Putting less than 20% down on your home sounds like a dream…but what’s the catch?
You will most likely have to pay mortgage insurance until you reach that 20% threshold. This insurance policy lowers the risk of the lender so that you can qualify for a loan that you might not otherwise be able to get.
If you are required to pay mortgage insurance, it may be included in your total monthly payment, in your closing costs, or both. The terms of this policy are dependent on the loan type you are applying for.
Differences in Mortgage Insurance with Loan Type
With a conventional loan, private mortgage insurance (PMI) is implemented through a private company. The premium is typically included in monthly payment with little to no closing costs. Your rates will vary based on the down payment amount and your credit score.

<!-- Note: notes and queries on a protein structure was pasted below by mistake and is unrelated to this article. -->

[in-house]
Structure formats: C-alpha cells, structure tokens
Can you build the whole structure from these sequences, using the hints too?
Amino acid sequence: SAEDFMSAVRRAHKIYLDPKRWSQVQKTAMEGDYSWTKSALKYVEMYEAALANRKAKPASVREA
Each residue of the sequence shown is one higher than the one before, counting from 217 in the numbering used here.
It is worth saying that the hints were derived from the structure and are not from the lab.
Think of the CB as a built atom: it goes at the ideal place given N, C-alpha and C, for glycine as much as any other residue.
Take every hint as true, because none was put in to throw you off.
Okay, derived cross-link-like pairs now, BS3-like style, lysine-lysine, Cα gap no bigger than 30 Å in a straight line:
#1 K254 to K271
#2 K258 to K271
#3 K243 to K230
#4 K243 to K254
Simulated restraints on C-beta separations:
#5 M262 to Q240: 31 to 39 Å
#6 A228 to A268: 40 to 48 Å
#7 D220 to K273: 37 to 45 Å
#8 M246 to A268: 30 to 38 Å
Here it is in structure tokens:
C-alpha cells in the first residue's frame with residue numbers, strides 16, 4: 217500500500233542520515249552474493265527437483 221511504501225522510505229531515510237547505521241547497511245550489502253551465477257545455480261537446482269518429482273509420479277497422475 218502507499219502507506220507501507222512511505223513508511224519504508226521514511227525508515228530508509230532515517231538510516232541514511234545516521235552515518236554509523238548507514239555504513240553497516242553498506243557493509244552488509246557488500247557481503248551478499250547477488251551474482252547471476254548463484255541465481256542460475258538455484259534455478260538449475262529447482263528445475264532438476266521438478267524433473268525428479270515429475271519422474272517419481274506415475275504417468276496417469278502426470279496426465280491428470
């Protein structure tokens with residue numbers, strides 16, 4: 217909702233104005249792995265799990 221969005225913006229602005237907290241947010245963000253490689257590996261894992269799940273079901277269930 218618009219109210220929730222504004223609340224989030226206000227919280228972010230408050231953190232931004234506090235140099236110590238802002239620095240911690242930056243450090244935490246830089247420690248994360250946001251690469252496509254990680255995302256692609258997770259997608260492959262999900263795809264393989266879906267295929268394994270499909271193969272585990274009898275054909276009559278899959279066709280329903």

Federal Housing Administration (FHA) Loan
Mortgage insurance premium is paid to the Federal Housing Administration (FHA) and is required for all FHA loans. It is included in closing costs and your monthly payment. Your rates are the same regardless of credit score, but there is a slight increase in price with a down payment of less than 5 percent.
US Department of Agriculture (USDA) loan
This program is similar to the Federal Housing Administration but can be cheaper. The payment is included in closing costs and your monthly payment.
Department of Veterans’ Affairs (VA) loan
The VA guarantee eliminates a monthly mortgage insurance fee and instead requires an upfront “funding fee”. The amount of the fee depends on criteria based on military service, down payment, and more.
With all government loans, you have the ability to roll the upfront or closing cost fee into your total mortgage instead of paying out of pocket. However, this increases both your loan amount and overall costs.
By Kaylee Fantis